her exit, was at a stand-still in whatever involved anything higher than
brute force. In this respect she differed from Athens as much as the
South at this day differs from the North, and from precisely the same
causes, the principal of which, in each case, was barbarism, - barbarism
deliberately organized, and maintained in conscious preference to
intellectual refinement.

And yet it is remarkable that both Lacedaemon and the South, as compared
with their respective rivals, started in life at an immense advantage,
and seemingly with a far more auspicious prospect before them. The early
Virginian turned up his nose at Plymouth as a very despicable affair,
and wondered that the Puritans did not set sail _en masse_ for the
Bahamas. Gorgeous were the descriptions of Virginia sent home by some of
the first settlers, in which lions and tigers, and a whole menagerie
of tropical animals, came in for no small share of wonder; and, as an
offset to this summer luxuriance of life, most disparaging pictures were
drawn of the bleak sterility of New England, - and even that which was
the only compensation for this barrenness of the earth, namely, the
abundance of fish in the sea, was, as respects the revenue derived from
it, made an especial subject of derision. Thus, doubtless, did the
ancient Peloponnesian look upon Attica in the small beginnings of
her infinite growth; he had exactly the same topics for his
ridicule, - sterility, fishery, and all; and just as in the case of the
South, was the laugh in the end turned against himself. But to the very
last there was one stinging jest on the lips of the Spartan, - the very
same which the modern slaveholder flings with so great gusto against the
unfortunate Yankee, - and that was Athenian cupidity. The ancient and the
modern jester are alike condemned on their own indictment, since upon
cupidity the most petulant, upon cupidity the most voracious in its
greedy demands, rested the whole Spartan polity, as does the system of
slaveholding in the South. The Spartan, like the Southern planter, might
protest that money was of no consequence whatever, that to him it was
only so much iron, - but why? Only because that, by the satisfaction of
a cupidity more profound, he was able to dispense with the ordinary
necessities of an honest democrat.

In peace, Sparta was a nonentity; in the resources which enrich and
glorify the time of peace she was a bankrupt. Fine arts or education she
had none: these centred in Athens. These were elements of progress, and
could no more be tolerated in Peloponnesus than in our Gulf States.
Taking our Southern civilization or that of Lacedaemon, we must say of
each that it is thoroughly brutalized; we may challenge either to show
us a single master-piece of intellect, whether in the way of analysis or
of construction, - but none can they show.

Even in a military sense, the forces which Democracy could marshal,
either in ancient Greece or in modern America, were more than a match
for the corresponding oligarchical factions. Athens, like New England,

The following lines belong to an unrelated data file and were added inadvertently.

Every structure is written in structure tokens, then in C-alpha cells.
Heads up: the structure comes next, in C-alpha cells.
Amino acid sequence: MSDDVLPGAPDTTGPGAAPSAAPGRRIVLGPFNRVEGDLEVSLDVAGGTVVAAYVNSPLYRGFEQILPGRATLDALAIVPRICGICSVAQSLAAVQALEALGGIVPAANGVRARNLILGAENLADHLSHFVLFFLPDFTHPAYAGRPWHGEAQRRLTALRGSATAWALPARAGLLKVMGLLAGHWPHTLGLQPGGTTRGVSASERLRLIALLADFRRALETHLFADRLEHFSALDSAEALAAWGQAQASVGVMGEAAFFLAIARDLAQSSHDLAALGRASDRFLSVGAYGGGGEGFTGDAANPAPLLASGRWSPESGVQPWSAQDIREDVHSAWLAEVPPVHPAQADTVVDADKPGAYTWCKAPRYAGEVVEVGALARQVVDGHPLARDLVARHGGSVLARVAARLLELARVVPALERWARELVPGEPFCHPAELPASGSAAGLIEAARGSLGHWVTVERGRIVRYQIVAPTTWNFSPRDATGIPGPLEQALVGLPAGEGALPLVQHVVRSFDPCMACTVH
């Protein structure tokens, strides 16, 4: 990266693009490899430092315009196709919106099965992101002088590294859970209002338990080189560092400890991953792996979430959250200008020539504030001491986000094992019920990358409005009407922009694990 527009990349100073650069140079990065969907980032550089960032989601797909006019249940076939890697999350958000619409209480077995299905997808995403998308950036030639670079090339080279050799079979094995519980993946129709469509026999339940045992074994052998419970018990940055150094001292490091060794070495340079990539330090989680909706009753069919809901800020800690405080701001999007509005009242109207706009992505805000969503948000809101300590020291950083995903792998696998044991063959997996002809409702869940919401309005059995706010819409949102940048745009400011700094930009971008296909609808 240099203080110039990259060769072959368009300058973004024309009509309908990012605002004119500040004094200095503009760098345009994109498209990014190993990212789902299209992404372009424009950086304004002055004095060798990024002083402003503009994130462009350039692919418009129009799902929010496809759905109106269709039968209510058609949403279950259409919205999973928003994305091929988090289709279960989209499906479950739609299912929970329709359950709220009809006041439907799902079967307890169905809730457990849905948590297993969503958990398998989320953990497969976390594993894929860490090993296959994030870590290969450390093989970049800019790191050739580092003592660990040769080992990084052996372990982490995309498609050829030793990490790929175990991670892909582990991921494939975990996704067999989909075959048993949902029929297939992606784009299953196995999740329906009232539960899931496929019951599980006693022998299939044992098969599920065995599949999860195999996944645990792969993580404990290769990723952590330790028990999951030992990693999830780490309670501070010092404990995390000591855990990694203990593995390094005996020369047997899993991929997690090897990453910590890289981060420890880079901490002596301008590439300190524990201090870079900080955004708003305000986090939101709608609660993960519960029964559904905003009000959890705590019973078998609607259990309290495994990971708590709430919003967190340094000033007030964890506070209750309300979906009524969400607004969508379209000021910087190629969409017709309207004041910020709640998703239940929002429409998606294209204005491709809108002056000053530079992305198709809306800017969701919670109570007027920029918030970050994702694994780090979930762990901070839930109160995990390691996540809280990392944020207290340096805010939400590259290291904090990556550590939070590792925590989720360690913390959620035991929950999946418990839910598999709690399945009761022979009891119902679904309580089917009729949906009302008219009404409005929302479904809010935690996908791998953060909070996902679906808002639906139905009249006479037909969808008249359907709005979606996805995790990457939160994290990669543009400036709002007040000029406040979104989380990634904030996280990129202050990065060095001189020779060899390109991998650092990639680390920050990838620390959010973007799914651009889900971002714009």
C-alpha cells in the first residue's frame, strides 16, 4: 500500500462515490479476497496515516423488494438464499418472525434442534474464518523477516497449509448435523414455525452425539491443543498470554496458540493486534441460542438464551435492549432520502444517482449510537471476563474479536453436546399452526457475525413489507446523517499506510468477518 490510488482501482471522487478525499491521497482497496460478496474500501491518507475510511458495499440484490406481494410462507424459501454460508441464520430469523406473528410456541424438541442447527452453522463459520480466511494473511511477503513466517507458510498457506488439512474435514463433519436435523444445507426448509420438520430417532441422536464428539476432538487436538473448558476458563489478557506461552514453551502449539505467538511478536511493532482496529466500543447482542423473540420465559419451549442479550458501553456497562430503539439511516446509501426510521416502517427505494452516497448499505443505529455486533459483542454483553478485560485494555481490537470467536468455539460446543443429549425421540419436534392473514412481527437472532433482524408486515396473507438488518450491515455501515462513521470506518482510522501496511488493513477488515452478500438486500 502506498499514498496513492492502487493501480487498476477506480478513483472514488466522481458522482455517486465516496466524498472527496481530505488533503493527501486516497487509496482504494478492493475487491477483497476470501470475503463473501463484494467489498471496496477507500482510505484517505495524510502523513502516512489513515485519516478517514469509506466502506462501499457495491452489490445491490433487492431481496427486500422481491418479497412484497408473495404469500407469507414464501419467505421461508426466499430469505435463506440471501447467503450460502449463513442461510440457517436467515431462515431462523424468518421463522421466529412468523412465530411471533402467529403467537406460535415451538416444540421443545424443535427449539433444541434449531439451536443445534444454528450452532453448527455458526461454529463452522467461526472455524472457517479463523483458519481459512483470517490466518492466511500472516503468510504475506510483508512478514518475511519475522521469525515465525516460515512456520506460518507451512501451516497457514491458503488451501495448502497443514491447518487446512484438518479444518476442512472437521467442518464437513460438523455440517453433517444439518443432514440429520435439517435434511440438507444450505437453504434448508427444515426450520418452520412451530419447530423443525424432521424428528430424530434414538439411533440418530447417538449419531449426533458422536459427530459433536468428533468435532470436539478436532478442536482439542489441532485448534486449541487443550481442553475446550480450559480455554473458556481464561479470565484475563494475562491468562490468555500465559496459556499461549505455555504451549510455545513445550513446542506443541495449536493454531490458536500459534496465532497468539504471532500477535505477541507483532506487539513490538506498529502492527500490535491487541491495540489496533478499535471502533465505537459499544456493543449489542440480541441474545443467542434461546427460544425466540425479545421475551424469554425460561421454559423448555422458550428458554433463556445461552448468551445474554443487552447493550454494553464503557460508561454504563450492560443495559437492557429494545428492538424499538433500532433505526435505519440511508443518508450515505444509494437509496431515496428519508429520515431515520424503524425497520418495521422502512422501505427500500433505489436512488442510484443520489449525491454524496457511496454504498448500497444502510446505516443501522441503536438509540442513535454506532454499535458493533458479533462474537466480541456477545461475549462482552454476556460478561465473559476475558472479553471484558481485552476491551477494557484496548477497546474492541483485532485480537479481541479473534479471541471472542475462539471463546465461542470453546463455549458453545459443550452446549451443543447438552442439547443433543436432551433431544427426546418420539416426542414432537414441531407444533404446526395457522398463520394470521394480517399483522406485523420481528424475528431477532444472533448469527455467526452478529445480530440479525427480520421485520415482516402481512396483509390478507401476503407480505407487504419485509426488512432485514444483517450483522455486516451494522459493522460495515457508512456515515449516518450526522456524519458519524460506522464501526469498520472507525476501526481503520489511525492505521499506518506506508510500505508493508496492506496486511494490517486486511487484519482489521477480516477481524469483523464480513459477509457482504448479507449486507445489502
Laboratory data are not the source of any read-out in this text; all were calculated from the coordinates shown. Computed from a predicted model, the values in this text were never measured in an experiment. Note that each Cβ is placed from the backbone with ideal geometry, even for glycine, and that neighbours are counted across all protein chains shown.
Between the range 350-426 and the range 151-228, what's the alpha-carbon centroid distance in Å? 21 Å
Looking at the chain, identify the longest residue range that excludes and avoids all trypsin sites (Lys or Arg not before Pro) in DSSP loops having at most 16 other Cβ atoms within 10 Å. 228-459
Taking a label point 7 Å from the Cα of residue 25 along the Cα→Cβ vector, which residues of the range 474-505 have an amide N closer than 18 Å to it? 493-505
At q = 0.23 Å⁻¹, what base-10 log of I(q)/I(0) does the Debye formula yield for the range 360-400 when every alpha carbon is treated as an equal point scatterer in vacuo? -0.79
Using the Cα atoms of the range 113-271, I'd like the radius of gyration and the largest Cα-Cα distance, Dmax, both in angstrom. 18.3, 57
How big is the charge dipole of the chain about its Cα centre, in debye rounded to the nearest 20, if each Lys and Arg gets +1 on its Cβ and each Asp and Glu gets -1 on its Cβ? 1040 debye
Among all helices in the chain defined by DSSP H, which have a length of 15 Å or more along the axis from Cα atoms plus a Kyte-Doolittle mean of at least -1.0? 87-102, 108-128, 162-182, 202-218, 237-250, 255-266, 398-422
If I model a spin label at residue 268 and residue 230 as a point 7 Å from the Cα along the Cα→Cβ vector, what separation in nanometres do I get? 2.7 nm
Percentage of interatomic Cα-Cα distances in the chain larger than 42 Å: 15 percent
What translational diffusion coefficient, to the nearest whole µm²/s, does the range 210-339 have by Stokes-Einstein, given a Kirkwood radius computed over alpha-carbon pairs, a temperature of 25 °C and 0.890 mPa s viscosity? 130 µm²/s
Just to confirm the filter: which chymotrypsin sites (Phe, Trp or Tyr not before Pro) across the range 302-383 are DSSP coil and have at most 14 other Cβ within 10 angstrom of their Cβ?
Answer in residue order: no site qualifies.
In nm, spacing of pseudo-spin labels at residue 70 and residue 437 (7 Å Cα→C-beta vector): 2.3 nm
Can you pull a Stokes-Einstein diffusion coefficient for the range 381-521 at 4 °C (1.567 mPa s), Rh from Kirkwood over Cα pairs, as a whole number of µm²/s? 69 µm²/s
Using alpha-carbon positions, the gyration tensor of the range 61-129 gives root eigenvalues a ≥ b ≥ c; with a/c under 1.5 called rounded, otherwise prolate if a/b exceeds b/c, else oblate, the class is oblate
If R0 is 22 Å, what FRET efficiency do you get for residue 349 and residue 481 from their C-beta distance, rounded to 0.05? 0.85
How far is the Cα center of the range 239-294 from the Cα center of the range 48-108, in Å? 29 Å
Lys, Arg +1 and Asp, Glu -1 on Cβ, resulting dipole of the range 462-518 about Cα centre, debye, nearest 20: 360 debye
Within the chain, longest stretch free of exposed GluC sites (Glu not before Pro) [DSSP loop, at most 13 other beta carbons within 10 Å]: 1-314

was a commercial centre, and therefore a prominent naval power; and this
naval prominence, in each instance, was so great as to give a decisive
superiority over a non-commercial rival. Sparta used her influence and
power to establish oligarchic institutions in the various provinces
of Greece, which generally corresponded to our Territories, - in which
latter the South has, with an equally unworthy zeal, been for several
years seeking to establish her peculiar institutions. Epidamnus proved
a Grecian Kansas. As in our own country, the hostile factions refrained
from war as long as human nature would allow; but, once engaged in
it, it became a vital struggle, that could be terminated only by the
exhaustion of one of the parties.

Athens was the stronger: why, then, did she not conquer her rival? With
equal pertinence we might ask, Why have not we, who are the stronger,
subjugated the South? The answer to both questions is the same.
Political prejudice overmasters patriotism. Neither ourselves nor the
ancient Athenians appear to have the remotest idea of the importance of
the cause for which we are contending. To us, as to them, the avenue
to future glory lies through the blood-red path of war, of desperate,
unrelenting war. Nothing else, no compromise, no negotiations of any
sort, would suffice. This the Athenians never realized; this _we_ do not
seem to understand. Among ourselves, as among them, the peace-party - a
party in direct sympathy with the aims and purposes of the
enemy - blusters and intrigues. President Lincoln meets with the same
embarrassments in connection with this party that Pericles met in his
campaigns against Sparta: it was his coming into power that precipitated
the violence of war; his determined action against all sympathizers
with the enemy draws down upon him the intensified wrath of these
sympathizers; the generals whom he sends into the field, if, like
Alcibiades, they are characterized by any spirit in their undertakings,
are trammelled with political entanglements and rendered useless, while
some slow, half-brained Nicias, with no heart in the cause, is placed at
the head of expeditions that result only in defeat.

There is the same diffusiveness connected with our military plans which
characterized the operations of the Athenians against Sparta. We do not
make the special advantage which we have over the South through our
naval superiority available against her special vulnerability. We
intimidate her, as Pericles did the Peloponnesians, by circumnavigating
her territories with a great display of our naval power; we effect a
few landings upon her coasts; but all these invasions lead to no grand
results, they do not subdue our armed enemy. What with these errors
in the general conduct of the war, and the lack of energy which
characterizes every part, our prospects of ultimate success are fast
being ruined. Unless some change be quickly effected, unless political
sentiment can be made to give place to the original enthusiasm with
which we commenced the war, and this enthusiasm be embodied in military
enterprise, our case is a hopeless one. One the other hand, if things go